I remember being fascinated with Space Panic when I first spied it in the arcades in 1980. A game genre will eventually become so ingrained over time that you lose sight of what it really meant, but the idea of platforms and ladders introduced in Universal, Ltd.’s Space Panic helped video games construct worlds that you could clamber around in, like an electronic equivalent of an Erector Set. Combine this world with an ever more difficult puzzle element where you dig holes to trap and dispatch angry aliens, sometimes requiring planning over multiple levels, and you get the perfect kind of gameplay, something that is easy to grasp but difficult to master. Added into the mix is a frenetic pace as your antagonists get more and more quick at chasing you around the screen, and a deadline to accomplish your mission as your oxygen slowly runs out.
Space Panic cleared the way for a myriad of platform games, from Donkey Kong to Dig Dug and beyond. You ever climb the side of a building and run across the rooftops in an Assassin’s Creed game? It all started here, dig it? For more information on Space Panic, consult your local Dot Eaters entry.
Venerable game developer, publisher and distributor Valve Software introduced their new Steam Controller yesterday, and the shrill whistle of those blowing their stacks was deafening. People were pretty steamed, if you will. Gamers were taken aback by the design of the controller, which eschews traditional user interfaces such as analog joysticks or a pressable D-pad with two round, flat trackpads. Players use their thumbs on the surface of the pads, which also serve as buttons since they are clickable. Valve promises the high-resolution trackpads give players a much higher degree of control over previous methods. Haptic feedback and a large touchscreen are also thrown into the design for good measure.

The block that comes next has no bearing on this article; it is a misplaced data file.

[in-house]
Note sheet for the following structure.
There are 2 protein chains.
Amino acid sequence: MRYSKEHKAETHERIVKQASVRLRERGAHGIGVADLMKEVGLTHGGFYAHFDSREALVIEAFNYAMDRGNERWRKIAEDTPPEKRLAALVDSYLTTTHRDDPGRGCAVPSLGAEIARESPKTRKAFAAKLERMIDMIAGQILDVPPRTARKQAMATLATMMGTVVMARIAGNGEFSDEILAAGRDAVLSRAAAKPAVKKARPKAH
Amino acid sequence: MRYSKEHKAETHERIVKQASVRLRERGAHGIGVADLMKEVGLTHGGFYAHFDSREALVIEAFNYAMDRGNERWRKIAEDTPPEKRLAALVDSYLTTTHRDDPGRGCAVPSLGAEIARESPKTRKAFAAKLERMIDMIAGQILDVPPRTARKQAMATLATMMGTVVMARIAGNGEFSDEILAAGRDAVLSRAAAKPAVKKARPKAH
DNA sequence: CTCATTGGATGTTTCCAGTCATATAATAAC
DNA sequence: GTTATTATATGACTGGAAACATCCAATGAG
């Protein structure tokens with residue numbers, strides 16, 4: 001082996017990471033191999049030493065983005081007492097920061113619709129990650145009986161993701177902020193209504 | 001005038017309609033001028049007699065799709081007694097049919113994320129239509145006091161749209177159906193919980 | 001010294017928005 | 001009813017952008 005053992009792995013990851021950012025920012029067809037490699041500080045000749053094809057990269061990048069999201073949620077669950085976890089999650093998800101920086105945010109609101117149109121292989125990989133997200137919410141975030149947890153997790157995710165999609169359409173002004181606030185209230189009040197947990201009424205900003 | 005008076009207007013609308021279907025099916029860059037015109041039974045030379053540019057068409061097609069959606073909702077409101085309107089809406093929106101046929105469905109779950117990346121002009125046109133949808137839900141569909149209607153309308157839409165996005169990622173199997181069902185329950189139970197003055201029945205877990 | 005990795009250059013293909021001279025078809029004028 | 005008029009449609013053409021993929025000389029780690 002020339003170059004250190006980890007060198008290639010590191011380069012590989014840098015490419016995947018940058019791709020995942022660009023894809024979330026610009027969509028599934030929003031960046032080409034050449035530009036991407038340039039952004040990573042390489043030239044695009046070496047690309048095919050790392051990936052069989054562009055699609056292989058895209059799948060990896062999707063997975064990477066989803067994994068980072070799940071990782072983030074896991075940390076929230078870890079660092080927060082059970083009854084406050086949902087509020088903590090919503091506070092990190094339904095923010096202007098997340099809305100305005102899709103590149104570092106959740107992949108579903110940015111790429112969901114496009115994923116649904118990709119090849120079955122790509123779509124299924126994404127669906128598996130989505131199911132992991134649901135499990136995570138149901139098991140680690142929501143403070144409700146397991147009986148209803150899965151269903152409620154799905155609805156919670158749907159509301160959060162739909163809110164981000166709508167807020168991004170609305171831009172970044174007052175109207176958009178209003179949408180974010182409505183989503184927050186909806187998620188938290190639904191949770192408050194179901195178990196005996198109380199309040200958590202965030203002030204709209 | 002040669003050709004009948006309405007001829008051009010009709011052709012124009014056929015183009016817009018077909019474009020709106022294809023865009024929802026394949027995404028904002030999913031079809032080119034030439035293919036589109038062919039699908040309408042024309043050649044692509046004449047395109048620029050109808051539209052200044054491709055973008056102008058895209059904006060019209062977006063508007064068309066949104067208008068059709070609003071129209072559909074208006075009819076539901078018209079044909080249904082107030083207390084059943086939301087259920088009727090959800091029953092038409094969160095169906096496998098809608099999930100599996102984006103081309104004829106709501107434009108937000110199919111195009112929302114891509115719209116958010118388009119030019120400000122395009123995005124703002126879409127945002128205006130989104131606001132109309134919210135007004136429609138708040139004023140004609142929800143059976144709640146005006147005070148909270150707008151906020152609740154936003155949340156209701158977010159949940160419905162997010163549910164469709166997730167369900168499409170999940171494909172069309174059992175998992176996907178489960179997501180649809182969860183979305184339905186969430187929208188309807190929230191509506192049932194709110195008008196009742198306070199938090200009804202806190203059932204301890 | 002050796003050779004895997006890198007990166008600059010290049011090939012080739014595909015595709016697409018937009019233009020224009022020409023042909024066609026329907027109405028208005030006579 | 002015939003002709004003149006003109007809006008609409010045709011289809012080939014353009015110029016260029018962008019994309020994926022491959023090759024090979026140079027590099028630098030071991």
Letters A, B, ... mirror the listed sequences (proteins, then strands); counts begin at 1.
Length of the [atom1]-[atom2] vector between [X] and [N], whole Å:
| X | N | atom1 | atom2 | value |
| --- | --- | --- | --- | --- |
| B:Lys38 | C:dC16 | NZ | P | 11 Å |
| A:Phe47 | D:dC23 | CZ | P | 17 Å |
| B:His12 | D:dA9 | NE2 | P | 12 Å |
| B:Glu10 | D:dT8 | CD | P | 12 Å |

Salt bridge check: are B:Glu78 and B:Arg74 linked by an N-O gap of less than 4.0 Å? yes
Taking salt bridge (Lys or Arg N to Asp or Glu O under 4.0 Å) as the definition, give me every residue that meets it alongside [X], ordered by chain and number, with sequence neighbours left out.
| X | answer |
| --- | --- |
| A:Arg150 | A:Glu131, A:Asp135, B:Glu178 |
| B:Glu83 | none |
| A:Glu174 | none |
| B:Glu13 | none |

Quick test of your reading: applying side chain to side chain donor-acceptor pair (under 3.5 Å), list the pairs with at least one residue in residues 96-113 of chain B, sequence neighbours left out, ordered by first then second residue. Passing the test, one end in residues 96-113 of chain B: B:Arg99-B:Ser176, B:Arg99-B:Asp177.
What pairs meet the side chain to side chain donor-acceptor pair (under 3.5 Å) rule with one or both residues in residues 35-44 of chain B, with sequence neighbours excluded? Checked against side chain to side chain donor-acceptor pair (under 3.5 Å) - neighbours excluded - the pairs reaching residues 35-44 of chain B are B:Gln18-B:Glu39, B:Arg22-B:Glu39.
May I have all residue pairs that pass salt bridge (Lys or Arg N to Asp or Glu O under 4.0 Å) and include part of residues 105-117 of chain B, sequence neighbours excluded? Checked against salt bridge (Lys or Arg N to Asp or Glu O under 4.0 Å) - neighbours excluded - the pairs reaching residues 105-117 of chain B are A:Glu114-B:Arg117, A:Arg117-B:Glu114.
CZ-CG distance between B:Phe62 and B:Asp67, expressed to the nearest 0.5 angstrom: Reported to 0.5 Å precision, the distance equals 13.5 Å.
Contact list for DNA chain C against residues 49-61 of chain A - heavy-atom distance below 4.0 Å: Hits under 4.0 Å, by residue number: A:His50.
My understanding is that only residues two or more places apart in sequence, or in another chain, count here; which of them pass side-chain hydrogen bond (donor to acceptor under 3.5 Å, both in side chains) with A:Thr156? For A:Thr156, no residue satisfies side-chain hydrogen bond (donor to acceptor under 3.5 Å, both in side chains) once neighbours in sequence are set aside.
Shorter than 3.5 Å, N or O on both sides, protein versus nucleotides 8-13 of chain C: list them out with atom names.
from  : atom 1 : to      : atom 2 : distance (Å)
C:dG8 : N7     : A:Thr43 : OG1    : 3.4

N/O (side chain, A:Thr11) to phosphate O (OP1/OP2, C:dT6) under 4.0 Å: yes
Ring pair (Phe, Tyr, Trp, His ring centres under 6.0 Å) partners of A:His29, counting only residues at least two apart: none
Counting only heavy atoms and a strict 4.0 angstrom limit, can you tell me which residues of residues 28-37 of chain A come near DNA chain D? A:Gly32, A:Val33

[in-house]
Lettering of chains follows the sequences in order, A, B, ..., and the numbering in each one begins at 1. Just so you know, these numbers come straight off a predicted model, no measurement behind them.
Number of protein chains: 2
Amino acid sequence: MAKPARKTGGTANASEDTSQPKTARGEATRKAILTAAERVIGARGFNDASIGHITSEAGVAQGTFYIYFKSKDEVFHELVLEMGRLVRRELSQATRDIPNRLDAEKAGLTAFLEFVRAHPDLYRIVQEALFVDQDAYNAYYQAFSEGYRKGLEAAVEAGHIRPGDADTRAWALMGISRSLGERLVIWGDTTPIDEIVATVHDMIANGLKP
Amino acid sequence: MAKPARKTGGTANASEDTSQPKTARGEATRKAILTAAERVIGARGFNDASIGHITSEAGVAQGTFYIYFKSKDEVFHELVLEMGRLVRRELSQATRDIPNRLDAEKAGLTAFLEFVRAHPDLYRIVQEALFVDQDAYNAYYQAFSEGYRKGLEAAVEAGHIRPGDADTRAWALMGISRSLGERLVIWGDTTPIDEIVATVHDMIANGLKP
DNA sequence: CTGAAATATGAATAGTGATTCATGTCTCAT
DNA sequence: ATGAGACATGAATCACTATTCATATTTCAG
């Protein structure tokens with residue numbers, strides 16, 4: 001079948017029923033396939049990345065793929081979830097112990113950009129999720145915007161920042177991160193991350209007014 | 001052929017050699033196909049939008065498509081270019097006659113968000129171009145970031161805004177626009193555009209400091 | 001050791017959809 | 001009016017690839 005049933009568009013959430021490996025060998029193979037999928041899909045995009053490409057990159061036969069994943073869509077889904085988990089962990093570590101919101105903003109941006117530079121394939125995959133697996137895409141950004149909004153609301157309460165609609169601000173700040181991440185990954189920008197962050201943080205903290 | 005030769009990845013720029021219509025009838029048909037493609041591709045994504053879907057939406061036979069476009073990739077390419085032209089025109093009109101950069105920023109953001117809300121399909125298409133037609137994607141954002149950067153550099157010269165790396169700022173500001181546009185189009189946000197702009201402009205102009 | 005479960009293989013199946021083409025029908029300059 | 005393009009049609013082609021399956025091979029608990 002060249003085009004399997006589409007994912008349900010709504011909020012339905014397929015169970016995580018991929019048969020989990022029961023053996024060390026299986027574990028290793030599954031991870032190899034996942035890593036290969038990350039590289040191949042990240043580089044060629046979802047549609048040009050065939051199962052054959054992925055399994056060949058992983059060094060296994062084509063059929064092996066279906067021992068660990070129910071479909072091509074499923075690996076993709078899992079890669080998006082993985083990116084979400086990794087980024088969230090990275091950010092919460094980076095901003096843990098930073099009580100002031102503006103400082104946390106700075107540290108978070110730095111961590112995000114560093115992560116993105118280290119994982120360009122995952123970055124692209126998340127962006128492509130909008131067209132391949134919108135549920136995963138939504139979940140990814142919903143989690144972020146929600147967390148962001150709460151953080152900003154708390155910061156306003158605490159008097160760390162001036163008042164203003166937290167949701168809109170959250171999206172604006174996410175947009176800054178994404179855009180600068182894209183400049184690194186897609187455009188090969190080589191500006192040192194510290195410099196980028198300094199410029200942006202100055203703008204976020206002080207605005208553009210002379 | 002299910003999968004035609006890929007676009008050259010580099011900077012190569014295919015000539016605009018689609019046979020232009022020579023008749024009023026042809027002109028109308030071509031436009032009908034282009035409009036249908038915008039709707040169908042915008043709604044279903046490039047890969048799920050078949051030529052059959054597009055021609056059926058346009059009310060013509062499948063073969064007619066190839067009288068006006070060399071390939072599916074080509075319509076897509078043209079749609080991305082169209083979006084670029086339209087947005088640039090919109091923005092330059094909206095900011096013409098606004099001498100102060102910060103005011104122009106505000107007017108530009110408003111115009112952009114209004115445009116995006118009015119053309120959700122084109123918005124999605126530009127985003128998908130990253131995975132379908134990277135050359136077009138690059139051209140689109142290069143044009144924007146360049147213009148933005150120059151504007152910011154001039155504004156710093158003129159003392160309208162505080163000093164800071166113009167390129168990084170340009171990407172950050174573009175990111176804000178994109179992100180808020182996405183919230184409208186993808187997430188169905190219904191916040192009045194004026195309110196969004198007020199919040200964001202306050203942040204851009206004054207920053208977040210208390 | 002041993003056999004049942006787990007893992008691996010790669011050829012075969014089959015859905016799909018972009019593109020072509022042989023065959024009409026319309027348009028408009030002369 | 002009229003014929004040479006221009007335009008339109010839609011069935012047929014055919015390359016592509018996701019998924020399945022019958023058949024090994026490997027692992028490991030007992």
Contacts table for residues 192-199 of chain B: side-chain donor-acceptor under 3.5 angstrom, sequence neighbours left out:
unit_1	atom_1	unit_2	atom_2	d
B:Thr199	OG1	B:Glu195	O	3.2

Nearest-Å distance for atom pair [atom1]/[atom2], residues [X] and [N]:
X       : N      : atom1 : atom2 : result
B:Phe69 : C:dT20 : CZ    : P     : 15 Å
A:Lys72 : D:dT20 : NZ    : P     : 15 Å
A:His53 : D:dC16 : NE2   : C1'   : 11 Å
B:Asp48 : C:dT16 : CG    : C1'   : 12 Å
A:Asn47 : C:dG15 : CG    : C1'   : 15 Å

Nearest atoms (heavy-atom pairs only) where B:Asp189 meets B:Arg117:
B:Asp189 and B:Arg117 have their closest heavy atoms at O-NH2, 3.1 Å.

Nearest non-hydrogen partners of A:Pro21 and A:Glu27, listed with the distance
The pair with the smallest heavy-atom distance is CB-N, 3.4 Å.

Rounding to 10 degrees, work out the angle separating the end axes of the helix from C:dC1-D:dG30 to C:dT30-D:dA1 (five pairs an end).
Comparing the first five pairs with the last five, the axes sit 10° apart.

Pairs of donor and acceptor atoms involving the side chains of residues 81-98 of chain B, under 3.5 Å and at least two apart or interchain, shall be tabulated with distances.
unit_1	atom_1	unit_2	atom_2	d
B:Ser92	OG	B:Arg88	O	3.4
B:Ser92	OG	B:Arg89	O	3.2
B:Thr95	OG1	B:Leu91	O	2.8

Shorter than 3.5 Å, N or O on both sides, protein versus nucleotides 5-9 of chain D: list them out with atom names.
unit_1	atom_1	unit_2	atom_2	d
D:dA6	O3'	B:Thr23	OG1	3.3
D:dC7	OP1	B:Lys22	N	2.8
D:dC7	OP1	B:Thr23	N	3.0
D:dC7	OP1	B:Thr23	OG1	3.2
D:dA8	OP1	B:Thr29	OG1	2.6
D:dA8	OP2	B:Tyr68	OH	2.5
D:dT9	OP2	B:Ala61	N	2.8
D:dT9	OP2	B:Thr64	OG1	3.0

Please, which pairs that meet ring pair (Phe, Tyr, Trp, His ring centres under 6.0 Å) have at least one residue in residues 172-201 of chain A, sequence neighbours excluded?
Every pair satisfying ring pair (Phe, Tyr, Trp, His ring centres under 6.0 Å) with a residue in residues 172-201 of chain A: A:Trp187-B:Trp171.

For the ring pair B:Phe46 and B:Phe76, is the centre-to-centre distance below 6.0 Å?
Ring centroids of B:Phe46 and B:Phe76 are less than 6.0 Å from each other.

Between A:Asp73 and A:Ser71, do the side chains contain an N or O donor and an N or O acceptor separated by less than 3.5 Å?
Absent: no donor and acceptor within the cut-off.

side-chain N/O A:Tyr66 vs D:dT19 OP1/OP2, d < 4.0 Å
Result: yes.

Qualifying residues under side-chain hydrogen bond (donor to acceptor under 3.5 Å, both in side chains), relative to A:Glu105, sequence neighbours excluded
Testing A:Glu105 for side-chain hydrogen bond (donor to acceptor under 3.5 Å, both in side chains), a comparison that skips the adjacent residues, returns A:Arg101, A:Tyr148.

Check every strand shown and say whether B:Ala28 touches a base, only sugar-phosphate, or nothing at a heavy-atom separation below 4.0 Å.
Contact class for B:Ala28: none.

Gamer response was quick and furious. It reminded me of another unique control scheme that was met by derision from gamers back in the day…
Nolan Bushnell founded Atari in 1972, sold it to Warner Communications in 1976, and was eventually ushered out of the company in 1978. The writing had been on the wall for awhile, for the man who had kept Atari alive by constantly innovating, by constantly swimming forward in a sea of ravenous competitors. By then, Atari had gone from a company about innovating to a company about marketing past successes, and that attitude eventually helped sink the entire industry in 1983-84. What Nolan Said: